3  
Agree with Monica's criticism, but still +1 just because I love that word. Another great similar word is toadie –  T.E.D. Jul 14 '11 at 17:15
    
I don't think someone would describe themselves as a 'minion' as it is somewhat derogatory, nor does it convey the meaning of favourite because as @Monica says, a boss may command many minions. –  z7sg Ѫ Jul 14 '11 at 19:06
1  
@Monica: See my answer. I couldn't believe Etymonline's definition of darling was actually favorite minion! –  Callithumpian Jul 14 '11 at 22:37
    
@Callithumpian, "darling" sounded like a great word for this when I saw it earlier even without knowing this definition. Nice one. –  Monica Cellio Jul 15 '11 at 1:40
show 4 more comments

Common practice at my workplace has been that the favourite employee is labelled the "Golden Boy". Not sure how widespread that usage is though, and converting that to "Golden Girl" for the other gender sounds like an unflattering TV show reference.

share|improve this answer
    
I've also heard the term blue-eyed boy being used, even when the person being discussed does not have blue eyes. –  crowne Jul 14 '11 at 15:03
    
Similar to "golden", I've seen "fair-haired" boy/girl used for one who can do no wrong (regardless of actual hair color). –  PSU Jul 14 '11 at 15:55
    
@crowne, PSU: Some people might take offense at those, though. –  JAB Jul 14 '11 at 17:52
    
Related: What is the etymology of “golden boy”? –  Callithumpian Jul 14 '11 at 18:03
    
Where I work, the boss' favourite, (i.e., the one who can do no wrong), is called the golden child. Interestingly, the only people I've known to have earnt that description were all men, but I never heard anyone else use 'golden boy' in place of 'golden child' to describe them. –  bracho monacho Jul 15 '11 at 11:39
add comment

"Boss's pet" is the first thing I thought of, based on the concept of a "teacher's pet" being the favored student of that teacher. So I think most people who know what "teacher's pet" means would understand what you meant if you used that.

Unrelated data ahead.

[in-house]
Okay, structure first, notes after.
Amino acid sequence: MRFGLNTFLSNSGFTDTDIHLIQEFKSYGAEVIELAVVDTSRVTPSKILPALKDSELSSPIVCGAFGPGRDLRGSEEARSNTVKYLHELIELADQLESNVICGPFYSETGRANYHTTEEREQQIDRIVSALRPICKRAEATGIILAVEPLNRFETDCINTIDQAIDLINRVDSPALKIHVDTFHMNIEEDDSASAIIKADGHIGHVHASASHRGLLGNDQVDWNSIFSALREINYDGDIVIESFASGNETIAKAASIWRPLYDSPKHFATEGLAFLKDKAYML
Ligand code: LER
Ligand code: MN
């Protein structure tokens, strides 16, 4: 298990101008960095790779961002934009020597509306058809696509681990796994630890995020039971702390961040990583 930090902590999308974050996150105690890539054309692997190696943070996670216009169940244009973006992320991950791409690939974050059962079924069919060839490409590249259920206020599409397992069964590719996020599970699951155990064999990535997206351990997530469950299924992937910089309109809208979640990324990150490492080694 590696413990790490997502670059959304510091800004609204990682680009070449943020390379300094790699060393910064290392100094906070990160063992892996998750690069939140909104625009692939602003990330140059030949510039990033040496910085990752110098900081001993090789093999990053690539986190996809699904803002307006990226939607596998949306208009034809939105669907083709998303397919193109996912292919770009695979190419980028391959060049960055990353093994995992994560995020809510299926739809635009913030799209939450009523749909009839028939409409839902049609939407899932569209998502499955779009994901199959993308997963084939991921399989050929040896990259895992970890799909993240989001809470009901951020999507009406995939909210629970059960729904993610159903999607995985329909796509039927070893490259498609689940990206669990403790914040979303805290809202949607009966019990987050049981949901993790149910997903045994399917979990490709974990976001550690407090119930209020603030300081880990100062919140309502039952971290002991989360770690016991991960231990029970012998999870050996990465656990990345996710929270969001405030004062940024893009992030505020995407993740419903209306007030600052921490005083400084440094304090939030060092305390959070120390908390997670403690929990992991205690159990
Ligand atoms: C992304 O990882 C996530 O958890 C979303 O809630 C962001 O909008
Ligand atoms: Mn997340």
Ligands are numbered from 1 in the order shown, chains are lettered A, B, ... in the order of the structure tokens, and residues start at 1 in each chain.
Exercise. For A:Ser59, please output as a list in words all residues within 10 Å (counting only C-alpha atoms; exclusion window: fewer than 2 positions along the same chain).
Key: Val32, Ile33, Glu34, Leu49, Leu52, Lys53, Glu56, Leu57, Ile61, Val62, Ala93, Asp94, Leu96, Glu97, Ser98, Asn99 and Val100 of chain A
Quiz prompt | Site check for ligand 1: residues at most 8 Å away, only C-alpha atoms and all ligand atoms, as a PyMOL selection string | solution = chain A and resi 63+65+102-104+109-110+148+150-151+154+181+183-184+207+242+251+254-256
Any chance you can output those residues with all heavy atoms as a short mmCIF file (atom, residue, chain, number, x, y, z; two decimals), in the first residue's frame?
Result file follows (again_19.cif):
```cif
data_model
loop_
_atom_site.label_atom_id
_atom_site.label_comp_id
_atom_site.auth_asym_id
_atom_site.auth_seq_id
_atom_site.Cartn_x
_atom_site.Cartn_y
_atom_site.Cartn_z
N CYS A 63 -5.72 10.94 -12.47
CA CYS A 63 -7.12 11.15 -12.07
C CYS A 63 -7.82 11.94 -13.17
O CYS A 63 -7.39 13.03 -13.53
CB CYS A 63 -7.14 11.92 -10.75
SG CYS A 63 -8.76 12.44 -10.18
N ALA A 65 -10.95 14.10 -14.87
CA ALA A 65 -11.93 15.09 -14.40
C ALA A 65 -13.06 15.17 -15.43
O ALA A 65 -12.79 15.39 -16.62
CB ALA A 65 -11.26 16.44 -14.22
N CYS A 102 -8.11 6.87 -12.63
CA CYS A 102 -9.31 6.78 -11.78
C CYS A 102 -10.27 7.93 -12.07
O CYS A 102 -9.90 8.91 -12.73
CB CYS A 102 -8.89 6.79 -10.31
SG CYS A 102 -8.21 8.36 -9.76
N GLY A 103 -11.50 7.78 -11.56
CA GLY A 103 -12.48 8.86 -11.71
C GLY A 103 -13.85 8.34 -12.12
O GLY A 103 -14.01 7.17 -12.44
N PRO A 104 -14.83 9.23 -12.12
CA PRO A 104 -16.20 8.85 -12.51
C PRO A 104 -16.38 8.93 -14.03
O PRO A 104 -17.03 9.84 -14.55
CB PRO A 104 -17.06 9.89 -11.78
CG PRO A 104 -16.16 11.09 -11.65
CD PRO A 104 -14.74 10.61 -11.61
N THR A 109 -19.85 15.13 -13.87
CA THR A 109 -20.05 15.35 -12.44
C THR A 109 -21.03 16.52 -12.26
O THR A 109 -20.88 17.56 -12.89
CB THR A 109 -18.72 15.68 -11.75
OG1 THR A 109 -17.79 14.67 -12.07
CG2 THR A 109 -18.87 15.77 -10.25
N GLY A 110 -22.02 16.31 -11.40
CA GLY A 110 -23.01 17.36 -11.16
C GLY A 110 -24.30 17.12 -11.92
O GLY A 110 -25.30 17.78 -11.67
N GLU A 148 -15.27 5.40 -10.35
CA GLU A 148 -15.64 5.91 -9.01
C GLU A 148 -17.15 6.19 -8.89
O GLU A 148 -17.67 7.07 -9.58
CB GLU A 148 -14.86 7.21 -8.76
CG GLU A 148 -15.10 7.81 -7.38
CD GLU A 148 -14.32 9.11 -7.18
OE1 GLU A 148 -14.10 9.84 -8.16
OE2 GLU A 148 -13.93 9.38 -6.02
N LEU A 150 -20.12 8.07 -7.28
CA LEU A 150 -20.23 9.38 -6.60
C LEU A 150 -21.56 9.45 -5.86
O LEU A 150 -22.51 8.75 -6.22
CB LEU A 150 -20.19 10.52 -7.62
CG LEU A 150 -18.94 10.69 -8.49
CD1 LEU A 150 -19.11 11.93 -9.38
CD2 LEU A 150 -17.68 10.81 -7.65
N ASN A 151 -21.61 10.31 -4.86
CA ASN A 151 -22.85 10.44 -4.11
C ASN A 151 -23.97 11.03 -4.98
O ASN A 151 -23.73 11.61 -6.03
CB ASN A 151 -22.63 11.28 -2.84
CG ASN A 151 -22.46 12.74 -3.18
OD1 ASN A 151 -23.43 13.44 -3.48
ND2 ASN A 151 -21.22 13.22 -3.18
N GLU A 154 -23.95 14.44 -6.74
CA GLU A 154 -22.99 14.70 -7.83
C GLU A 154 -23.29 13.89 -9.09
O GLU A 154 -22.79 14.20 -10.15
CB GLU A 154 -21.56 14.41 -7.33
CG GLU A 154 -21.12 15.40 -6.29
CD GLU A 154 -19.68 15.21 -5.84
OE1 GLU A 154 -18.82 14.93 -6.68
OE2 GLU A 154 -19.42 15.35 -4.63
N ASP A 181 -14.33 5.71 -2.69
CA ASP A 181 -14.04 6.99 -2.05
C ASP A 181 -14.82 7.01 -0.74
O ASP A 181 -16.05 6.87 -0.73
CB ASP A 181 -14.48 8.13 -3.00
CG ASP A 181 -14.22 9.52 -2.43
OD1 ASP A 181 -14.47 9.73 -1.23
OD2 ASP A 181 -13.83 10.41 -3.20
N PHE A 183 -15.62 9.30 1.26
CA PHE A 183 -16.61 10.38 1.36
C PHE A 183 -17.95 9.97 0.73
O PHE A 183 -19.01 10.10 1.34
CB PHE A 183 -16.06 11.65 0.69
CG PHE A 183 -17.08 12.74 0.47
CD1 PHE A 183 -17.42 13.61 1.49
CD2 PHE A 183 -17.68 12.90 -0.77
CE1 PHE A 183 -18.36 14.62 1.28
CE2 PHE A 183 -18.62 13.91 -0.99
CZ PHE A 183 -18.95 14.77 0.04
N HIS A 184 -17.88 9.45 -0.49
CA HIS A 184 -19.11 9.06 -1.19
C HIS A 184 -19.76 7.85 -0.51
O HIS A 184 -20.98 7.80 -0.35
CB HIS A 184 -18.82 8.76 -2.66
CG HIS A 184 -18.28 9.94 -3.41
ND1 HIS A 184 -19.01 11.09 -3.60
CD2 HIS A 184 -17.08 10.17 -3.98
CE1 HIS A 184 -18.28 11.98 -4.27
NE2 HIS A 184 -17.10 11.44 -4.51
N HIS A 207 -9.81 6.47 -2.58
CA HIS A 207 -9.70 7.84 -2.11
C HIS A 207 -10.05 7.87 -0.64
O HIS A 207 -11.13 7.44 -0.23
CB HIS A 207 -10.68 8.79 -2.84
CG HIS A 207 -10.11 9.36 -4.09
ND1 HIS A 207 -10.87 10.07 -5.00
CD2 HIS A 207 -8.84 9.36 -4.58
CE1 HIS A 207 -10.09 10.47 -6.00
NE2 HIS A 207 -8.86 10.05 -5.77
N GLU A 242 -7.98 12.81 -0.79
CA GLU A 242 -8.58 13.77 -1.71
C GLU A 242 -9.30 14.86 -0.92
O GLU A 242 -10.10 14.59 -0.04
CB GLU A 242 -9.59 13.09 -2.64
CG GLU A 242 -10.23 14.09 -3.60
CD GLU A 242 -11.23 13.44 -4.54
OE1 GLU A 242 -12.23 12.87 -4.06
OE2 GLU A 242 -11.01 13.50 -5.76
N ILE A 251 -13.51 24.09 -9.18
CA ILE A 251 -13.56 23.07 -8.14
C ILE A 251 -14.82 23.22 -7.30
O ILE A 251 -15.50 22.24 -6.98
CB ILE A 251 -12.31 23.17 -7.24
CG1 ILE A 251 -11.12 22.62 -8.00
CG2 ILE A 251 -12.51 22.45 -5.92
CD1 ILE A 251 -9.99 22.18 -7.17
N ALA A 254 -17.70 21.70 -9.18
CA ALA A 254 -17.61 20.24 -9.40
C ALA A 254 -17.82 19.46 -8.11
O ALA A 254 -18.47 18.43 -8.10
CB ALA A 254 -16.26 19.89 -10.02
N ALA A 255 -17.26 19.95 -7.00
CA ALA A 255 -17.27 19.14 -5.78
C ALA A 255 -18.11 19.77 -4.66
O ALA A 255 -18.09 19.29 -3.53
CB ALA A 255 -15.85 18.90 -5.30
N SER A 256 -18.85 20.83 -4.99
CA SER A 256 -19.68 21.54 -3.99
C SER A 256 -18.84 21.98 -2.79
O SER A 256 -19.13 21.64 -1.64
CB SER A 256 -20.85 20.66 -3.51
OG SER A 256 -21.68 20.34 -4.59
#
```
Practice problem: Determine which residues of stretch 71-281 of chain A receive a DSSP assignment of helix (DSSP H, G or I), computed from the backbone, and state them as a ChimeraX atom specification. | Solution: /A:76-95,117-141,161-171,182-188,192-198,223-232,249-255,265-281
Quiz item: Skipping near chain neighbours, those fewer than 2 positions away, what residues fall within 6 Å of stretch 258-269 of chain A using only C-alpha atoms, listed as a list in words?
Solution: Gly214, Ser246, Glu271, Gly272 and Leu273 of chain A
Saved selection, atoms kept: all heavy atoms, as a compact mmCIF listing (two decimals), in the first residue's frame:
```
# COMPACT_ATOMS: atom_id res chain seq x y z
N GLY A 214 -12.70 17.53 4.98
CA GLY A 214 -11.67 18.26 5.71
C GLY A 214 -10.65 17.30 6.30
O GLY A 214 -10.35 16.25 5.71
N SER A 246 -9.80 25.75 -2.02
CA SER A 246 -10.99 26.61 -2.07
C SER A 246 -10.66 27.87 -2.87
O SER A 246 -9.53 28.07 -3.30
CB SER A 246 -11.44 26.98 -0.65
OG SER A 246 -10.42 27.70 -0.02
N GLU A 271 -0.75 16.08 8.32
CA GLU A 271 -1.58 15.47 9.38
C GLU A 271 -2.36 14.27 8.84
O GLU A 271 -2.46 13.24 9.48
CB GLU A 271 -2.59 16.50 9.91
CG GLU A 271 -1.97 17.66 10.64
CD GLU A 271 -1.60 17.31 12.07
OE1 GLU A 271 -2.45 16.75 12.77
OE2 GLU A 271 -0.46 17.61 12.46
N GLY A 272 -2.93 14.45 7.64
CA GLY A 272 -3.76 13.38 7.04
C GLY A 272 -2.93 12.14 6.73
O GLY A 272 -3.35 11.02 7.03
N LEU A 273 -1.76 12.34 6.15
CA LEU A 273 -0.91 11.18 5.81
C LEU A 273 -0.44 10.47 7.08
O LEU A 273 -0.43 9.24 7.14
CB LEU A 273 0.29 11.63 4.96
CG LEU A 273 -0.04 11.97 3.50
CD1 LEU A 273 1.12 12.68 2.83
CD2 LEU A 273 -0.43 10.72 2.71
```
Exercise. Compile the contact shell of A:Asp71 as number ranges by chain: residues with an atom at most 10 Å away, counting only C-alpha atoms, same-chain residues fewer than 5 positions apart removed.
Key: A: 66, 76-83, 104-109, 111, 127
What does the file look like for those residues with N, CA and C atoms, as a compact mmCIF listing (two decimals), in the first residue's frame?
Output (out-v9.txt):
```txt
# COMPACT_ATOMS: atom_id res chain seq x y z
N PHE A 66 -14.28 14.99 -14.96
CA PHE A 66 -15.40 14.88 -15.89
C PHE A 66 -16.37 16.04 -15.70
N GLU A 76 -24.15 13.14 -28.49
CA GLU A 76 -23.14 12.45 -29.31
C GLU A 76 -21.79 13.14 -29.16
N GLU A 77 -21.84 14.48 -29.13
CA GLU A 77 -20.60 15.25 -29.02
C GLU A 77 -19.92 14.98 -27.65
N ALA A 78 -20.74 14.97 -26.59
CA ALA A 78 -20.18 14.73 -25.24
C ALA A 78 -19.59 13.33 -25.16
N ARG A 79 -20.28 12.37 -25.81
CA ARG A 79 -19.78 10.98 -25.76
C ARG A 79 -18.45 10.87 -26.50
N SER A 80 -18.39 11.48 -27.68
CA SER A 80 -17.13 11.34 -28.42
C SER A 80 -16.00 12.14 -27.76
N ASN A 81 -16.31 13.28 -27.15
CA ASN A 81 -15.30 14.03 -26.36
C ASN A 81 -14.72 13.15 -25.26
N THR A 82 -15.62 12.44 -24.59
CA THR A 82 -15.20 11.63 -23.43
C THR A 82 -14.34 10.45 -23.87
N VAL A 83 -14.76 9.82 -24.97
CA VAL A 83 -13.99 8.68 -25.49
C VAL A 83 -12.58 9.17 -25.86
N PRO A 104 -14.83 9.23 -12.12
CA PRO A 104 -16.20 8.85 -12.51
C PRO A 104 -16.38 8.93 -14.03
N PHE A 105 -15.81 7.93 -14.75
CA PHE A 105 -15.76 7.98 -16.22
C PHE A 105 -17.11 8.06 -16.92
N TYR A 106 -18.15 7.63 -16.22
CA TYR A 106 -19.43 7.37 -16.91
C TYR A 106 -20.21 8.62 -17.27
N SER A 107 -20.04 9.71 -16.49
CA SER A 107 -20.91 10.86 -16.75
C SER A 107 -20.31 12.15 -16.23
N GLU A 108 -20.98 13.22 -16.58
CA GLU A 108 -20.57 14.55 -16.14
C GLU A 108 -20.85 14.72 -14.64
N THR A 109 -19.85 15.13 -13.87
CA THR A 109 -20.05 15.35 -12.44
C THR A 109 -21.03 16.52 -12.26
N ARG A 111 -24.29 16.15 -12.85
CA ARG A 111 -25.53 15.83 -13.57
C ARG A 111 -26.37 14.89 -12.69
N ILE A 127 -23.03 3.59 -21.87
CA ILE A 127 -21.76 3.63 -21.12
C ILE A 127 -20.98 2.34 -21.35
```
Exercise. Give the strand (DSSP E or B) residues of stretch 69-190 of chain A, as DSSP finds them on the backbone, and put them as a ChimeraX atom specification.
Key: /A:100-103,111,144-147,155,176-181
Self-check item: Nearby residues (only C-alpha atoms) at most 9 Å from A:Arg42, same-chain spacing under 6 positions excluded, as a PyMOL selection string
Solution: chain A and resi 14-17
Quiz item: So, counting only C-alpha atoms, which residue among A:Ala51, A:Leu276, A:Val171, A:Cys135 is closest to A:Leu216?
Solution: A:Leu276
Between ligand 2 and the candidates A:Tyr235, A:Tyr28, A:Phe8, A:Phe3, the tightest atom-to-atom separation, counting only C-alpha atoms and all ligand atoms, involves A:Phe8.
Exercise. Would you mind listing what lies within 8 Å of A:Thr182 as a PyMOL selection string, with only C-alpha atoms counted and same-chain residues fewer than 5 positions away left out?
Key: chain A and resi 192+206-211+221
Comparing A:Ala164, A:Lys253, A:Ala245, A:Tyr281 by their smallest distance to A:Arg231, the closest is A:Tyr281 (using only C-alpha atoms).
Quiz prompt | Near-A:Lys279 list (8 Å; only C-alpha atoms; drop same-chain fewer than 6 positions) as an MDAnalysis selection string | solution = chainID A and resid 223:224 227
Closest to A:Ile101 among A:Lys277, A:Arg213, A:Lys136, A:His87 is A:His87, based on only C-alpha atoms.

share|improve this answer
add comment

Off the top of my head I can't think of many terms of endearment for the type of person you describe, let alone how such a person would describe oneself, but perhaps "Right hand man" is appropriate.

Although your guest wouldn't wish to refer to herself as any of the below, the following terms can be used disparagingly to refer to the kind of person you describe.

A few that immediately spring to mind are:

  • Brown Noser
  • Boot Licker

And the more coarse

  • Arse Licker
  • Butt Kisser
share|improve this answer
2  
Aside from "right-hand man", these terms all disparage the employee as seeking the status. That's different from an employee chosen by the boss as favorite. –  Monica Cellio Jul 14 '11 at 14:55
1  
Also, brown-nosers, butt-kissers, etc don't necessarily succeed; those terms describe the attempt to gain the status. –  Monica Cellio Jul 14 '11 at 14:56
    
@Monica: You're right, I misread the question. I don't think the guest in question would want to describe herself as any of these things. I have edited the answer to reflect this. –  Andy F Jul 14 '11 at 15:03
3  
Q: What's the difference between butt-kissing and brown-nosing? A: Depth perception. –  MT_Head Jul 14 '11 at 17:55
    
LOL @ MT_Head - touche! (<-- note, not English, but a nice way to bring usage into my otherwise unproductive comment). –  Rachel Jul 15 '11 at 17:51
add comment

If the person has been given a measure of authority by the boss and is the "go to guy" when the boss has a problem, he or she might be described as "The boss's right-hand man".

share|improve this answer
add comment

Your Answer

 
discard

By posting your answer, you agree to the privacy policy and terms of service.

Not the answer you're looking for? Browse other questions tagged or ask your own question.